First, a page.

Hey, you! Mr. Spry Twenty-Five-Year-Old! Feeling pretty limber these days, eh? Going out and CRUSHING beers and playing campus golf and bending over to pick up entire crates of taco meat. Life's pretty swell for you! Well, I have fun news for you, sport. PAIN IS COMING. So much pain. One day, you will get out of bed, step wrong, and you will fall apart like a fucking Russian hotel facade. You'll be lying on the floor and you'll be thinking God, this really hurts. I may never walk again. Maybe I should kill myself. It happens that fast. Really just a matter of time for you!
It's a hard fact of life that most people, myself included, never worry about health problems until they actually spring up. God knows how much money and pain we could save this nation if we collectively decided to take more preventive health measures, but that's not the way people work. If I don't KNOW what kind of searing, jaw-clenching pain I'm in for, well then I'm gonna go around juggling boulders and shoveling manure as I see fit.
According to the American Chiropractic Association, 80% of Americans will experience back pain in their lives. Having a bad back is so common that it's practically a punchline at this point. It also happens to be a misnomer. What people really mean when they say they have a "bad back" is that they have a bad spine, and having a bad spine sounds wayyyyyyy more serious. Your back is just a hairy, blotchy thing. Your spine is the information superhighway that takes information from your brain and trucks it out to the rest of your body: VERY IMPORTANT. Saying you have a bad back makes people think your suffering is confined to your back when really a spinal disc problem can affect your legs, arms, hands, feet, and even your bowel movements. Fun! It's curious that we've spent the past few years fretting over brain injuries in the NFL, and yet no one blinks when Dez Bryant plays through a "back injury," as if he can just throw some Aspercreme on that shit and everything will be all right.
In general, when your spine is fucked up, it's fucked up for life. The damage caused by a herniated disc is permanent. They can't stuff the crabmeat back into the disc and stitch it up and make you good as new. They either have to give you meds and physical therapy to get rid of the pain, or remove part of the disc, or fuse your vertebrae together in an operation you REALLY do not want (for your upper spine, they cut through your throat; for your lower spine, they cut through your tummy). Any of these methods can help reduce your pain and suffering, but your body will never ever be the way it once was. And the cruel part is that once one part is damaged, other parts of your body must carry the burden and sometimes also get damaged in the process. It's just one long horrible parade of physical deterioration.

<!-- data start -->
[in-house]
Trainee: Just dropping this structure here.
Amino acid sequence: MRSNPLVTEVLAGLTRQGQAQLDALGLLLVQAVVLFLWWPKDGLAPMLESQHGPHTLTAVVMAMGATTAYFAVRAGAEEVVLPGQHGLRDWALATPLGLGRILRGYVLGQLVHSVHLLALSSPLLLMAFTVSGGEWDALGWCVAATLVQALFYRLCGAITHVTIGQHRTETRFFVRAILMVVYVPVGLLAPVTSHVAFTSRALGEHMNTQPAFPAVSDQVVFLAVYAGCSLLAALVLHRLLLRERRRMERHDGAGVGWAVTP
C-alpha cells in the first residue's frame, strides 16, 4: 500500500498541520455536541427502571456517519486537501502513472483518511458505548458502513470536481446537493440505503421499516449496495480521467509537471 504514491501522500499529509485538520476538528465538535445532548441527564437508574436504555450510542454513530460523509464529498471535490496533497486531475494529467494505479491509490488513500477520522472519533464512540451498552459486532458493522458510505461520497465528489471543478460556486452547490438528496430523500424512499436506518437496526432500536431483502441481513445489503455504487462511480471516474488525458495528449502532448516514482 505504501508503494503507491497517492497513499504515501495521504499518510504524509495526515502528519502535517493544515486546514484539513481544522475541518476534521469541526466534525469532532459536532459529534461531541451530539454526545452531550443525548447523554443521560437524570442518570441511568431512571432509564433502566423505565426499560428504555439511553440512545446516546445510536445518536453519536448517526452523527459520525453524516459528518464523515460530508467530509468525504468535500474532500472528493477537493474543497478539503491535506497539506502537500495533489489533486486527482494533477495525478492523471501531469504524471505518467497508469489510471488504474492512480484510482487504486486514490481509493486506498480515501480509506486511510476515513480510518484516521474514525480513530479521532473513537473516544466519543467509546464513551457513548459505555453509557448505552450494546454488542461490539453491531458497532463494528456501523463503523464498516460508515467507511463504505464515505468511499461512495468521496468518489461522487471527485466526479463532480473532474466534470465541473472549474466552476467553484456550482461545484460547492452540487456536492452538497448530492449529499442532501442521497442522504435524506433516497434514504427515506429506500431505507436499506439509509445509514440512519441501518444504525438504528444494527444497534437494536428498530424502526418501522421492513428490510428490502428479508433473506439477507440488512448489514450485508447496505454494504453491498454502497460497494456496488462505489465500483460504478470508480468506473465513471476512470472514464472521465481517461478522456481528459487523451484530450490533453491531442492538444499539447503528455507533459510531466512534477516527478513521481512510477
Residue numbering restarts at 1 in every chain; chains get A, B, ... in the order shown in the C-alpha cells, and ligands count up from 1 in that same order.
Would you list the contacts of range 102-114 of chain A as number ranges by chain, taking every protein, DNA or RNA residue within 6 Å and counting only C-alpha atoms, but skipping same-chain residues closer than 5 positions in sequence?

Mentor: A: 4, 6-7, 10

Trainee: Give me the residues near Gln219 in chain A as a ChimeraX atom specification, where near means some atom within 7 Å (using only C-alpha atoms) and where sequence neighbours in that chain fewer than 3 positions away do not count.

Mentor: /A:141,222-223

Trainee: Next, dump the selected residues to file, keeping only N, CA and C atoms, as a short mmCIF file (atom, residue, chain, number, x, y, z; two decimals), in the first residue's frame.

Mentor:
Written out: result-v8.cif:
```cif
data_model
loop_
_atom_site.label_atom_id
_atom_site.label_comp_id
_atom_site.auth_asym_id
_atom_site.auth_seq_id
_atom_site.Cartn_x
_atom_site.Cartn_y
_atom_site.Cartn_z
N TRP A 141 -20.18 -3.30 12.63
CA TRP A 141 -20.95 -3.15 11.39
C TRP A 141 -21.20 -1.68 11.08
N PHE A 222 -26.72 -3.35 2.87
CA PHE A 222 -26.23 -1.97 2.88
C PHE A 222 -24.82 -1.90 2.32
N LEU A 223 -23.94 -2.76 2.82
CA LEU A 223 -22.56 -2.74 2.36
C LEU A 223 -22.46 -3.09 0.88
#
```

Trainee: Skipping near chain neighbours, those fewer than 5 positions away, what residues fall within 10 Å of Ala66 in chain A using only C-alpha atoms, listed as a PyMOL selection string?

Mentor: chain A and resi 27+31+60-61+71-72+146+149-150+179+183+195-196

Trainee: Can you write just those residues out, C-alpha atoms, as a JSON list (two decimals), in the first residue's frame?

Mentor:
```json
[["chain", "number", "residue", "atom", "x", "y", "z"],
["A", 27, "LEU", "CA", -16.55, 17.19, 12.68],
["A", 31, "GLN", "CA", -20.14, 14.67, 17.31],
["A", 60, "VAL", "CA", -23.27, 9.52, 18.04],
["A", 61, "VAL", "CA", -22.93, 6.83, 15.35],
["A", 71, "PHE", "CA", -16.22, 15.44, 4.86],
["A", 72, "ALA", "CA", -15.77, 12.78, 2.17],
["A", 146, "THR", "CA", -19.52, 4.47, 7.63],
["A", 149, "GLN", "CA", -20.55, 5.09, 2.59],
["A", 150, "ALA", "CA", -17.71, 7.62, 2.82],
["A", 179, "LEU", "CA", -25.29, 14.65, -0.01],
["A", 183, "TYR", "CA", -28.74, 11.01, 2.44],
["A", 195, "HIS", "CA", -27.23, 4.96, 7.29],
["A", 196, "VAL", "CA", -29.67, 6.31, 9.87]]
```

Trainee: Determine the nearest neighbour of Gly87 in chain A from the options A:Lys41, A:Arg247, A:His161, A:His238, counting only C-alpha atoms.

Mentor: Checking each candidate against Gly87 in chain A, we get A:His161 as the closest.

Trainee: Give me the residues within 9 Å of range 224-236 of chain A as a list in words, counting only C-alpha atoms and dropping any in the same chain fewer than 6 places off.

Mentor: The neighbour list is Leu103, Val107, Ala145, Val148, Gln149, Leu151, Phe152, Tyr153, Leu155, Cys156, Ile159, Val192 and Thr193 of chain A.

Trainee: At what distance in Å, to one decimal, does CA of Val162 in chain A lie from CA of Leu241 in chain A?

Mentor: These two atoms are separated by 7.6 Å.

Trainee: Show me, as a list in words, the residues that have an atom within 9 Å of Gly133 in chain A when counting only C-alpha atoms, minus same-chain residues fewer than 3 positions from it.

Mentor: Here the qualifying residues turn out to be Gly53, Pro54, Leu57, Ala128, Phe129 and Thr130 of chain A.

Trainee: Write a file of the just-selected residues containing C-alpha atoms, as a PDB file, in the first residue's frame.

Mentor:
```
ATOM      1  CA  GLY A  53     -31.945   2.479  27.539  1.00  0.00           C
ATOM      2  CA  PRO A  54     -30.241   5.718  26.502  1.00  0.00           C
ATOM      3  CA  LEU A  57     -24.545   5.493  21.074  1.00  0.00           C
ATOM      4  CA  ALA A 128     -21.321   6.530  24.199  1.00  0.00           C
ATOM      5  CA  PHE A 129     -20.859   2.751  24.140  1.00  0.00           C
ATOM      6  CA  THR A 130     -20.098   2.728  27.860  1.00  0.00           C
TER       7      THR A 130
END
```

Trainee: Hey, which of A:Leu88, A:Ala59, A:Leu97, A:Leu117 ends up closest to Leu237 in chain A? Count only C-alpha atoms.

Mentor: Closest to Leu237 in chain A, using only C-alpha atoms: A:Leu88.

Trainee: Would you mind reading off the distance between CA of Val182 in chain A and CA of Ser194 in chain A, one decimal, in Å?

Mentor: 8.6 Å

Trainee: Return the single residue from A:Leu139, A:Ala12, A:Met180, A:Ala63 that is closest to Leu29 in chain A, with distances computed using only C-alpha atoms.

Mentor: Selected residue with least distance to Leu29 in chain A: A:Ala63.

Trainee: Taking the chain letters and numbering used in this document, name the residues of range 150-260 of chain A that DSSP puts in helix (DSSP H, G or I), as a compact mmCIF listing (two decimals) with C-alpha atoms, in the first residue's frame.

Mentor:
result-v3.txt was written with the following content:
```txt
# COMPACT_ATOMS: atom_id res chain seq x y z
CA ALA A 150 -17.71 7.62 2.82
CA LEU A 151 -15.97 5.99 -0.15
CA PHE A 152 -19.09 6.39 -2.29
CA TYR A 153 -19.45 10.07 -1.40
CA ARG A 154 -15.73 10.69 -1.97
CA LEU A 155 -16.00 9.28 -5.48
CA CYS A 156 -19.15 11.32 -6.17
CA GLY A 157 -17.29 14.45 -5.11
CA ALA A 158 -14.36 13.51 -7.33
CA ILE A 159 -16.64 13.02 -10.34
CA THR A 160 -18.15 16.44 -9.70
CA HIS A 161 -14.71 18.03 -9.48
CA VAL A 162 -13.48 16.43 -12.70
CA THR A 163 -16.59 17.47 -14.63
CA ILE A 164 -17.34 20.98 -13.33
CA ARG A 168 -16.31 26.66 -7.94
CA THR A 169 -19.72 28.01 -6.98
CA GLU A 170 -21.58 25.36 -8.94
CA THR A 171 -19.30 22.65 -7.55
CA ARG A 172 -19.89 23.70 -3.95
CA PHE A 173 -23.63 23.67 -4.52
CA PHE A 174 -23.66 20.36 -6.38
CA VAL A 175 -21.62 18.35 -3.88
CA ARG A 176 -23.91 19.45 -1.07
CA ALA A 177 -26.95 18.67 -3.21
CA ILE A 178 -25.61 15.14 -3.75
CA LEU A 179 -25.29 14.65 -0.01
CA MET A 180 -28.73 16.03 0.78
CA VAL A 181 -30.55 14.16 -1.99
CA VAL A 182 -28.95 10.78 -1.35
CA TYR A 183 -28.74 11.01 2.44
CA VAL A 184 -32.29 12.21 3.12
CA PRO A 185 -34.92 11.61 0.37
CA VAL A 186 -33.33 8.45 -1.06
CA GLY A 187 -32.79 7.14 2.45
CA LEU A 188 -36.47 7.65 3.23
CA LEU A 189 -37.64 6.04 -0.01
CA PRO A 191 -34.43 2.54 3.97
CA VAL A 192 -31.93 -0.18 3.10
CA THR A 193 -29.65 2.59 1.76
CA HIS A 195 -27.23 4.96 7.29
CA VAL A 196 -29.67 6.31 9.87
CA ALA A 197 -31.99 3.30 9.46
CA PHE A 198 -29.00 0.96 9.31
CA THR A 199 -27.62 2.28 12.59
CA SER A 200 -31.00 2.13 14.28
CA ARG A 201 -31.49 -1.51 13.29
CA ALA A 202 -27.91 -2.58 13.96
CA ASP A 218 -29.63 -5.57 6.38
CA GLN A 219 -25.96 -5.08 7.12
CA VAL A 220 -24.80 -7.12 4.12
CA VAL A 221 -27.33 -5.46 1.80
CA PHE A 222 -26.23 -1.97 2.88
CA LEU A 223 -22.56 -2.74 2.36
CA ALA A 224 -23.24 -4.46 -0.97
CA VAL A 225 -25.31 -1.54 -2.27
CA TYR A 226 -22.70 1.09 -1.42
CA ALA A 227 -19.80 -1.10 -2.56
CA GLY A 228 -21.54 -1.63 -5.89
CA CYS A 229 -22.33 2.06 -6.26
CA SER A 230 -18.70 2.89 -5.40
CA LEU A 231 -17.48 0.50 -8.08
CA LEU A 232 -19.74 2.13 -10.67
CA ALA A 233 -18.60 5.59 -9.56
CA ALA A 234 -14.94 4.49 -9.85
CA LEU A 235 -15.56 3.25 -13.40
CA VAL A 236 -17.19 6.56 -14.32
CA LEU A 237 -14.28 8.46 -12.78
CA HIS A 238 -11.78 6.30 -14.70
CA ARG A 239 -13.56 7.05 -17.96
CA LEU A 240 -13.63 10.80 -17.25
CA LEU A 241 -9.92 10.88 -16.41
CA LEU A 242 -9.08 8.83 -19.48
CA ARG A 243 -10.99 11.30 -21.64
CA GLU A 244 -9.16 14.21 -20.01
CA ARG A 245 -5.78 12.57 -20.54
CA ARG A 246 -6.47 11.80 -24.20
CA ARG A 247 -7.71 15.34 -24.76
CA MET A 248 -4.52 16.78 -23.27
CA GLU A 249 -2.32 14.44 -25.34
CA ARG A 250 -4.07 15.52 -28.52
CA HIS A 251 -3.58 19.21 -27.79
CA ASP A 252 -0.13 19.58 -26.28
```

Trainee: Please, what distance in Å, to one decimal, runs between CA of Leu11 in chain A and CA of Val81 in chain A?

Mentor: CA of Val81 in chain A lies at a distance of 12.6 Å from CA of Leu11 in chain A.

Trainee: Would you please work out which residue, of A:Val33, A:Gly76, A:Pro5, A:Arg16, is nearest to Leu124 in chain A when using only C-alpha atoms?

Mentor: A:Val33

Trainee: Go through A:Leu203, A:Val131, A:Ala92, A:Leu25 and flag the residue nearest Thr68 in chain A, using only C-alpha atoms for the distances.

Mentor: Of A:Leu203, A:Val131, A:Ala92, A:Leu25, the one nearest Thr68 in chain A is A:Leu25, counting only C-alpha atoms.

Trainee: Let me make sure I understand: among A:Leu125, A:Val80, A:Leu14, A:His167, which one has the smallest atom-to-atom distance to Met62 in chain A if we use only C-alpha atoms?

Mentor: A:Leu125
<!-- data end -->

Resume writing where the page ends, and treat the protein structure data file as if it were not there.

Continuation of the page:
That is why I'm here to explain to all you cool kids out there how to prevent the onset of Old Man Disease and take care of your spine. I'm no doctor. I don't even like doctors because doctors are mean and think they know every goddamn thing. But I've fucked up my back enough times and stared at enough ceilings to learn a few things. And you'd best start taking care of yourself right now, before everything goes to shit. You don't want this. I promise you. Here's what you can do to stop it:
1. Don't smoke. In addition to giving you lung cancer, mouth cancer, tongue cancer, impotence, throat cysts, heart disease, stained teeth, and that weird crinkly upper lip thing, cigarettes also murder your back. According to the National Institutes of Health, smoking starves your disc cells of vital nutrients. Then those cells die and your discs fall apart and you want to kill yourself. It's as if they designed cigarettes specifically to cause your body maximum damage. They may as well sell you a box of knives to swallow. Anyway, don't smoke. You probably knew this already, but here's the millionth reason why.